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According to Web audience measurement service QuantCast, Twitter has stopped growing. After peaking at 24.4 million U.S. visitors per month, the traffic has died down to about 22 million. That's an abrupt about-face for a service that blossomed from 1.4 million readers to those 24 million in a matter of about five months.
Oh, Fail Whale, where are you now?
Take a deep breath
OK, one data point from a single source is hardly a death certificate for the hugely popular microblogging site. Twitter is not going to backpedal, shrink, and die from here. But it's enough to make you sit up and think about the concept of massive growth and what to expect from those bottle rockets.
Microsoft (Nasdaq: MSFT ) used to be the standard example of a growth stock. The S&P 500 index was a four-bagger in the 1990s -- but Microsoft crushed it with a nearly 10,000% rise in split-adjusted share prices. Now, Mr. Softy has grown up. Sales have merely tripled in the last 10 years and net income never even doubled. The stock price is down more than 60% in this millennium, underperforming the S&P's 40% swoon. Microsoft pays a quarterly dividend now. This is a value stock these days, or even a dividend income stub.
Other legendary highfliers, like Starbucks (Nasdaq: SBUX ) and Google (Nasdaq: GOOG ) , have largely followed the same pattern: massive growth in every metric that matters -- up to a point. As these market darlings face the cold, hard realities of mathematics, they stop doubling every six months or whatever their early rise may have indicated.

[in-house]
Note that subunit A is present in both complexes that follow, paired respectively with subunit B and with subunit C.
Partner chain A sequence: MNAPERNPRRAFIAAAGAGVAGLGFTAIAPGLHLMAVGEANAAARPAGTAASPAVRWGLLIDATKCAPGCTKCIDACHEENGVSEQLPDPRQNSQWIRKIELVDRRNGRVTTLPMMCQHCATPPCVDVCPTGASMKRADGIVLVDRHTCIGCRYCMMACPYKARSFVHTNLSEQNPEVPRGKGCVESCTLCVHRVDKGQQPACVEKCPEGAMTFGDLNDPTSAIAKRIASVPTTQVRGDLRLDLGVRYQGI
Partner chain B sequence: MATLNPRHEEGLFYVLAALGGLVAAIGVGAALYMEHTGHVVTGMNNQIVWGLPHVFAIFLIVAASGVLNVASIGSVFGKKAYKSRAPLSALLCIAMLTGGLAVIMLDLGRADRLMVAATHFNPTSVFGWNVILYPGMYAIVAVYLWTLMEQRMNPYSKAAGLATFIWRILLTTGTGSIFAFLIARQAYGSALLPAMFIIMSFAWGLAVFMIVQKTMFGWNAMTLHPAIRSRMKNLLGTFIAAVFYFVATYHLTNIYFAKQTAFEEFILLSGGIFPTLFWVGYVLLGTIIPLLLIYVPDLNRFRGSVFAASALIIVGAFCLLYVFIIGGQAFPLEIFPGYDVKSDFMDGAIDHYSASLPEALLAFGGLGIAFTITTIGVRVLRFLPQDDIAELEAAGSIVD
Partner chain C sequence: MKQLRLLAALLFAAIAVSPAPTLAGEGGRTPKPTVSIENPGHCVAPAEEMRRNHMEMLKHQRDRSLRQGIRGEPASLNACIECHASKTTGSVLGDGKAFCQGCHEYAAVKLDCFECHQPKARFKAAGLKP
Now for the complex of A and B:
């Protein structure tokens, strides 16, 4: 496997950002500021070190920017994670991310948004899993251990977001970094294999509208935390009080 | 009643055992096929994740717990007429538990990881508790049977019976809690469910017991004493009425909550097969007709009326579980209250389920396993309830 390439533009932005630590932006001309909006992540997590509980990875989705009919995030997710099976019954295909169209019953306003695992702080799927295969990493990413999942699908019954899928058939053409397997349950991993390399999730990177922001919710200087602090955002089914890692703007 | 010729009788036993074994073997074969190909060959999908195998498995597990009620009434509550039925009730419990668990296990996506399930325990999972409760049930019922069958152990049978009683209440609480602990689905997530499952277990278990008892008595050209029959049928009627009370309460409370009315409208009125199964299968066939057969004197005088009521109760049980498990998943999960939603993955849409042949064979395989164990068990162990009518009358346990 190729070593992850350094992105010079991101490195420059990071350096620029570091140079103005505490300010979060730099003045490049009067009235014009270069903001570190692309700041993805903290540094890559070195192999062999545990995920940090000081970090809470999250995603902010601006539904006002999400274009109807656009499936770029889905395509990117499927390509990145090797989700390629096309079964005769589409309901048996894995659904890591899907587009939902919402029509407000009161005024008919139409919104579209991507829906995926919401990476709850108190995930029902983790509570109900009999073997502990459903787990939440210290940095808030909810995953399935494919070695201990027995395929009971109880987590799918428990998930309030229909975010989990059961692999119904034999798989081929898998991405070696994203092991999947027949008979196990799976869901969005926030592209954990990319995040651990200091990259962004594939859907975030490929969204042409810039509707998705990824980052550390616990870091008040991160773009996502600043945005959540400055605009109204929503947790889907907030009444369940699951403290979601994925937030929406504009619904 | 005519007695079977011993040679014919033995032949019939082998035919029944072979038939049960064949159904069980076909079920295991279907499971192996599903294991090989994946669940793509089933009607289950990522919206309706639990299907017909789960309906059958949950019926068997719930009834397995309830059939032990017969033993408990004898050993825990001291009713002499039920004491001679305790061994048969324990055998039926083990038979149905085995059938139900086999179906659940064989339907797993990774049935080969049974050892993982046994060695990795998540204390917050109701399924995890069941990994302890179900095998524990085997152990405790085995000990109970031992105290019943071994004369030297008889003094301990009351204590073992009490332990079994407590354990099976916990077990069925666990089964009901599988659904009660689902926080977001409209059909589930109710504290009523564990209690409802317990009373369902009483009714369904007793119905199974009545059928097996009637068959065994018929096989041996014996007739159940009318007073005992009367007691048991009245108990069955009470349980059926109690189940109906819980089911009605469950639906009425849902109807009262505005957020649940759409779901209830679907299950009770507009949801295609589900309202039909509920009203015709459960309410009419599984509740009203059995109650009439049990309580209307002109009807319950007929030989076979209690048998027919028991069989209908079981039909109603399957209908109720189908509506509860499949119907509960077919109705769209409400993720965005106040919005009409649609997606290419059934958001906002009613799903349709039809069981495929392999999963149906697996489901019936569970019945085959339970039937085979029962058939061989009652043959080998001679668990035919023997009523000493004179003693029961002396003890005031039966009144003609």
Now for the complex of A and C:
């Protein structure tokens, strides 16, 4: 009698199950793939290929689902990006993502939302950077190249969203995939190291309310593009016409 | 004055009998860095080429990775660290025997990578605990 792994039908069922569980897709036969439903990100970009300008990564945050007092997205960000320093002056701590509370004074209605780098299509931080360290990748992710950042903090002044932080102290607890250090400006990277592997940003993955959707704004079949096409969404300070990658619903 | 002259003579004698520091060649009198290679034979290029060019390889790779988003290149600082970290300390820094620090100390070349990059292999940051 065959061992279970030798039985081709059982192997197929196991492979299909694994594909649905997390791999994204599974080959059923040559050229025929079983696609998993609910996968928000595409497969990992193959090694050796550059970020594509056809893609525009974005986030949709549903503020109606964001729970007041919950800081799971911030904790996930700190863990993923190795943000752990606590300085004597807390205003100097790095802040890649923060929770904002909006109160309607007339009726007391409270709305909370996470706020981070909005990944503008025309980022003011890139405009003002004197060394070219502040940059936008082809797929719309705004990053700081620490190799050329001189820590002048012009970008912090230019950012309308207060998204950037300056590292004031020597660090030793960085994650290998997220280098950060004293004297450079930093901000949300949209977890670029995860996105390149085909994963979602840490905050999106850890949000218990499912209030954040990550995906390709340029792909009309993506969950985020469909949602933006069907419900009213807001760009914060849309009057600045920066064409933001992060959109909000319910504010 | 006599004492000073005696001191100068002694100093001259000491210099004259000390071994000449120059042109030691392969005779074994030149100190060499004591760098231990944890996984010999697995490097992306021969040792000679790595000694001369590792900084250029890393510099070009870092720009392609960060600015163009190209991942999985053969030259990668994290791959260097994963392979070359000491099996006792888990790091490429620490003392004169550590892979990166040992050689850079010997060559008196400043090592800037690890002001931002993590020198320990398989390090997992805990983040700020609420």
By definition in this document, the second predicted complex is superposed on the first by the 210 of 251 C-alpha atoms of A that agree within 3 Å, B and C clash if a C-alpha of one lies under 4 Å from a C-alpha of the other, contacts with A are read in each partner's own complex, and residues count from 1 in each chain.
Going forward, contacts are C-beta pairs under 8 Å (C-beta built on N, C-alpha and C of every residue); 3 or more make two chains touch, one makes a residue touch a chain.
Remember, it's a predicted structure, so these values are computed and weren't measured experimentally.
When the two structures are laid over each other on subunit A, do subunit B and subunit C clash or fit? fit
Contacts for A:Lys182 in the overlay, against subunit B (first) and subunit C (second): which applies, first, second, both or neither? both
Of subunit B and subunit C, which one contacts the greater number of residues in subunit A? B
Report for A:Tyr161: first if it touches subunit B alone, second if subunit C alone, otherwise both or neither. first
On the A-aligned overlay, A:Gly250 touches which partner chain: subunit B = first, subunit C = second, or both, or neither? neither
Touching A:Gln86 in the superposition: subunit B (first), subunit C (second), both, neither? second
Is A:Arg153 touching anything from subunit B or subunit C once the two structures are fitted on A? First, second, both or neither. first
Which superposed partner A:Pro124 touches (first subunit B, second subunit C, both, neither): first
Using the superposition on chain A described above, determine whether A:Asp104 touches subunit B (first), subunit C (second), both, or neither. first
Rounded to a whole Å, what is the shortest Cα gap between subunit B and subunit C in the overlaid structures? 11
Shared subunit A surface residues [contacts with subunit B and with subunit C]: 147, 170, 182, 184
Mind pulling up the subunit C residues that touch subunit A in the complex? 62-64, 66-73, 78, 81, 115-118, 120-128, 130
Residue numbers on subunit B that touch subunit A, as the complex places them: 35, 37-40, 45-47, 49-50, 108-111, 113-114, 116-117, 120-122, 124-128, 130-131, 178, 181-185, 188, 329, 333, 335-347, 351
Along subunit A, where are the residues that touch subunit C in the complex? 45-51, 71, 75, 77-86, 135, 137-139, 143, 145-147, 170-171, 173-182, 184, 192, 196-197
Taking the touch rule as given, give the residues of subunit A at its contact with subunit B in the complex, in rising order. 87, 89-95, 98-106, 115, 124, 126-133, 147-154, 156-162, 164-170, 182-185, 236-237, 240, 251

And that's where the stocks stop, drop, and roll.
Twitter isn't even public yet, but has already run into a glass ceiling of sorts. Maybe it's just a seasonal effect with schools ringing out for summer and everybody leaving their twitterrific Apple (Nasdaq: AAPL ) iPhones or Research In Motion (Nasdaq: RIMM ) BlackBerrys on the beach towel for a quick swim. The summer months tend to slacken Web traffic considerably as everyone gets some sun. Twitter's growth might -- might -- pick up again in September.
Dollars and sense
Just how much value would there be in a Twitter IPO? Multibillion-dollar estimates seem to assume astronomical growth for years to come, but Twitter has no real revenue model yet, and 22 million users won't pay the pied piper with that sort of valuation.
How about Facebook? It's one of the most popular sites on the Web today with more than 90 million monthly visitors, and with early round investments from Microsoft and others that would imply a $10 billion valuation or more. And Facebook does make some money from advertising, unlike Twitter. But it ain't no Google-like marketing powerhouse. Facebook probably will go public eventually, but it'll take years to figure out exactly what it's worth. I'm not touching that IPO, when it comes around.
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